R> library(anytime)
R> p <- anytime("2010-01-02 03:04:05.123456")
R> p
[1] "2010-01-02 03:04:05.123456 CST"
R> iso8601(p)
[1] "2010-01-02 03:04:05"
R> rfc2822(p)
[1] "Sat, 02 Jan 2010 03:04:05.123456 -0600"
R> rfc3339(p)
[1] "2010-01-02T03:04:05.123456-0600"
For symmetry, it also works for dates, but is less detailed
R> jl <- anydate("July 04, 1789")
R> jl
[1] "1789-07-04"
R> iso8601(jl)
[1] "1789-07-04"
R> rfc2822(jl)
[1] "Sat, 04 Jul 1789"
R> rfc3339(jl)
[1] "1789-07-04"
Of course, all commands are also fully vectorised. See the anytime page, or the GitHub for more examples.

Changes in anytime version 0.2.0 (2016-12-24)
  • Added (exported) helper functions iso8601(), rfc2822() and rfc3339() to format date(time) objects according to standards
  • Conversion to dates is now more robust thanks to improved internal processing (PR #39 closing #36)
  • The ISO 8601 format is now recognised, however the timezone information is not parsed by Boost Date_Time (which is a known upstream limitation) (PR #38 closing #37)
  • The 'allFormats.R' test script was significantly strengthened (#40)
  • Test scripts like 'simpleTests.R' have as also been strengthened (#41); on Windows and in one file two tests need to be skipped.
  • A new 'bulkTest.R' test script was added testing parsing against what R returns

Courtesy of CRANberries, there is a comparison to the previous release. More information is on the anytime page. For questions or comments use the issue tracker off the GitHub repo.

This post by Dirk Eddelbuettel originated on his Thinking inside the box blog. Please report excessive re-aggregation in third-party for-profit settings.

18 December 2016

Jonathan McDowell: Timezones + static blog generation

So, it turns out when you move to static blog generation and do the generation on your laptop, which is usually in the timezone you re currently physically located, it can cause URLs to change. Especially if you re prone to blogging late at night, which can result in even just a shift to DST changing things. I ve forced jekyll to UTC by adding timezone: 'UTC' to the config, and ensuring all the posts now have timezones for when they were written (a lot of the imported ones didn t), so hopefully things should be stable from here on.

12 December 2016

Dirk Eddelbuettel: RcppCCTZ 0.1.0

A new version 0.1.0 of RcppCCTZ arrived on CRAN this morning. It brings a number of new or updated things, starting with new upstream code from CCTZ as well as a few new utility functions. CCTZ is a C++ library for translating between absolute and civil times using the rules of a time zone. In fact, it is two libraries. One for dealing with civil time: human-readable dates and times, and one for converting between between absolute and civil times via time zones. It requires only a proper C++11 compiler and the standard IANA time zone data base which standard Unix, Linux, OS X, ... computers tend to have in /usr/share/zoneinfo. RcppCCTZ connects this library to R by relying on Rcpp. A nice example is the helloMoon() function (based on an introductory example in the CCTZ documentation) showing the time when Neil Armstrong took a small step, relative to local time in New York and Sydney:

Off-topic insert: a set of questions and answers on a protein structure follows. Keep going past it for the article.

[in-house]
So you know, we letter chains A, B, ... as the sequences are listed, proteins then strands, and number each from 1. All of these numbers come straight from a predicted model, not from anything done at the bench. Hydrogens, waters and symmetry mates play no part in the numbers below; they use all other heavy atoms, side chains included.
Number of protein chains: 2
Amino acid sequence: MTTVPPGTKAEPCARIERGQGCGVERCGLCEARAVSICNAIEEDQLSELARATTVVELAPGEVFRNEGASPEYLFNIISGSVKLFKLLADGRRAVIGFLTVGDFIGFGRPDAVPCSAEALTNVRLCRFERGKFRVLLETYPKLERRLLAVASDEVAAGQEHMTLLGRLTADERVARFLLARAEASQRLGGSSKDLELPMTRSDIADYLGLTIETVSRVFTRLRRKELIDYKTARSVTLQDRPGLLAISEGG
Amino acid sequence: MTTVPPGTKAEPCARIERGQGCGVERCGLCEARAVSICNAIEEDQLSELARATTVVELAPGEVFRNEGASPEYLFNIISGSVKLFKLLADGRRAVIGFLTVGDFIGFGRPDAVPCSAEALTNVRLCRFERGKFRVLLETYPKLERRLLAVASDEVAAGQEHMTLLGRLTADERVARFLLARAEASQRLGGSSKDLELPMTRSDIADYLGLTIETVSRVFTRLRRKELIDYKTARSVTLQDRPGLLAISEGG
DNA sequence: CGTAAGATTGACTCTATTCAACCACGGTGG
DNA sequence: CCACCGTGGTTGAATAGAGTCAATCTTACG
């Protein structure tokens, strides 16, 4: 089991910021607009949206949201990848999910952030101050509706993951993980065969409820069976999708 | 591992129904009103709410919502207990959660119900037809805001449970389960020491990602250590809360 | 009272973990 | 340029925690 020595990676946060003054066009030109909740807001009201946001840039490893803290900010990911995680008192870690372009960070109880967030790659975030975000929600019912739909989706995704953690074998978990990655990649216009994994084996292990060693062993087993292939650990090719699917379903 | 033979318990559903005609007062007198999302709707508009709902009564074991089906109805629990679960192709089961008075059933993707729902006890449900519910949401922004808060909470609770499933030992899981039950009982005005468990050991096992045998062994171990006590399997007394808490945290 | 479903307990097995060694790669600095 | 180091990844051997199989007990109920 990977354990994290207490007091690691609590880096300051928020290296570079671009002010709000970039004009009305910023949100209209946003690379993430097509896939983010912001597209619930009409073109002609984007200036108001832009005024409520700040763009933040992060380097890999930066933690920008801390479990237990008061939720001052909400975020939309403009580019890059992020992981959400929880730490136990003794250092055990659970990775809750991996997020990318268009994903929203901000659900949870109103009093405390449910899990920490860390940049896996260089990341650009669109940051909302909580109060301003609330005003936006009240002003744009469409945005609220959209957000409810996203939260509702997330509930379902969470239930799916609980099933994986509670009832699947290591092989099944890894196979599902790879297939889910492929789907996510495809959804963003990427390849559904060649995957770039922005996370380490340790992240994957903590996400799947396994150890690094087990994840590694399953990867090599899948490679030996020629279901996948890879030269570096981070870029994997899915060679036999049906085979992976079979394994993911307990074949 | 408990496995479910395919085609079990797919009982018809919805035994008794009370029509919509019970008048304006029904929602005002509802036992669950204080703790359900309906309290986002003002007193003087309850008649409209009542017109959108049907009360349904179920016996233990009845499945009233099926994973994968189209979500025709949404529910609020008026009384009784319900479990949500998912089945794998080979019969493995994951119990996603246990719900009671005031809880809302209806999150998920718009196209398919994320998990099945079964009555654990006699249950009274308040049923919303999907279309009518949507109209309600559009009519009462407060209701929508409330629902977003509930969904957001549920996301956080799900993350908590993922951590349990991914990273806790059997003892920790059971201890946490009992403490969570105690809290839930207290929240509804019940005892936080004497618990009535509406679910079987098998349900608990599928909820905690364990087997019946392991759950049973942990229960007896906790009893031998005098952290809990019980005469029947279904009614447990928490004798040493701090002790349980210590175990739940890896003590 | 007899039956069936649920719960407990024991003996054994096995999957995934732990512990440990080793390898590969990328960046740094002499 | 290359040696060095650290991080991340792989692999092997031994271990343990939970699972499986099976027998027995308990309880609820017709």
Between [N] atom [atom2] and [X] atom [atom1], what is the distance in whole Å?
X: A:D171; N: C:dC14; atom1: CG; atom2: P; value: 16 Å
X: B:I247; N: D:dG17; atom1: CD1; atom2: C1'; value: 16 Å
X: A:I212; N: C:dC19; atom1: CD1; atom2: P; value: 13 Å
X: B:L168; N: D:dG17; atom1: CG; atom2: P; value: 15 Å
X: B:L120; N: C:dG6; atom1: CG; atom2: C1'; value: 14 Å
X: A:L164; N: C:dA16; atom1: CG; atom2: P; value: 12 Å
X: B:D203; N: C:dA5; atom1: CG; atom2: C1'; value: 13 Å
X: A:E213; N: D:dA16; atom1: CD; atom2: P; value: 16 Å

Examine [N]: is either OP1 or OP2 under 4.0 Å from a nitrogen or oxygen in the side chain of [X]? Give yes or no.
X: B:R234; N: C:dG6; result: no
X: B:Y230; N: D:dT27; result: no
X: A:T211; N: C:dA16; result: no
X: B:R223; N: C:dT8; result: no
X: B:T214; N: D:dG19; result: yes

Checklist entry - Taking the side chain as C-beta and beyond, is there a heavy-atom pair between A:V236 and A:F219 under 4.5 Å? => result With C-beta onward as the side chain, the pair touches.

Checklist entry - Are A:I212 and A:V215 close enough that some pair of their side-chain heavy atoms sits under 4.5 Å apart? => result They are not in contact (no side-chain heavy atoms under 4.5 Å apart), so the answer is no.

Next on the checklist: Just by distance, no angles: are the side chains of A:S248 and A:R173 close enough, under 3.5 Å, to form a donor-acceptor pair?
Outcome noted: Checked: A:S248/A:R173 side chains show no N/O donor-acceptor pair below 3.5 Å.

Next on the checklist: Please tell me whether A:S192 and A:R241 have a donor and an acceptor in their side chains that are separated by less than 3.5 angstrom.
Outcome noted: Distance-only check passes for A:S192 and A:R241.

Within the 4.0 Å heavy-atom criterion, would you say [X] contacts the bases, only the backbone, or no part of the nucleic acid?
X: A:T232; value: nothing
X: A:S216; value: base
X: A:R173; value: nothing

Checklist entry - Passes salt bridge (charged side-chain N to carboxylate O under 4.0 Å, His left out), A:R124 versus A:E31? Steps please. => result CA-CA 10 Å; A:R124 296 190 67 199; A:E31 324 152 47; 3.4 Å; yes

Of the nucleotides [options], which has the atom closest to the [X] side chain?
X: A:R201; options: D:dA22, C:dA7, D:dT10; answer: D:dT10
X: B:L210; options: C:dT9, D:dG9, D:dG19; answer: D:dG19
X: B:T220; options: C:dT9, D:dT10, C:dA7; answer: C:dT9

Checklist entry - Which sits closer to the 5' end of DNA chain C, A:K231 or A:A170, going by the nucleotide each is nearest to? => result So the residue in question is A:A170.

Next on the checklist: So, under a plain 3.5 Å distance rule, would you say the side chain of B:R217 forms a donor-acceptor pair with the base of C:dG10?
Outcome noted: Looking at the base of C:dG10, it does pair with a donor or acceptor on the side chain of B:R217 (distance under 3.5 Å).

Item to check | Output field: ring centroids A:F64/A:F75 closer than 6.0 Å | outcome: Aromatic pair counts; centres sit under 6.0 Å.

R> library(RcppCCTZ)
R> helloMoon(verbose=TRUE)
1969-07-20 22:56:00 -0400
1969-07-21 12:56:00 +1000
                   New_York                      Sydney 
"1969-07-20 22:56:00 -0400" "1969-07-21 12:56:00 +1000" 
The new formating and parsing functions are illustrated below with default arguments for format strings and timezones. All this can be customized as usual.
R> example(formatDatetime)
frmtDtR> now <- Sys.time()
frmtDtR> formatDatetime(now)            # current (UTC) time, in full precision RFC3339
[1] "2016-12-12T13:21:03.866711+00:00"
frmtDtR> formatDatetime(now, tgttzstr="America/New_York")  # same but in NY
[1] "2016-12-12T08:21:03.866711-05:00"
frmtDtR> formatDatetime(now + 0:4)     # vectorised
[1] "2016-12-12T13:21:03.866711+00:00" "2016-12-12T13:21:04.866711+00:00" "2016-12-12T13:21:05.866711+00:00"
[4] "2016-12-12T13:21:06.866711+00:00" "2016-12-12T13:21:07.866711+00:00"
R> example(parseDatetime)
prsDttR> ds <- getOption("digits.secs")
prsDttR> options(digits.secs=6) # max value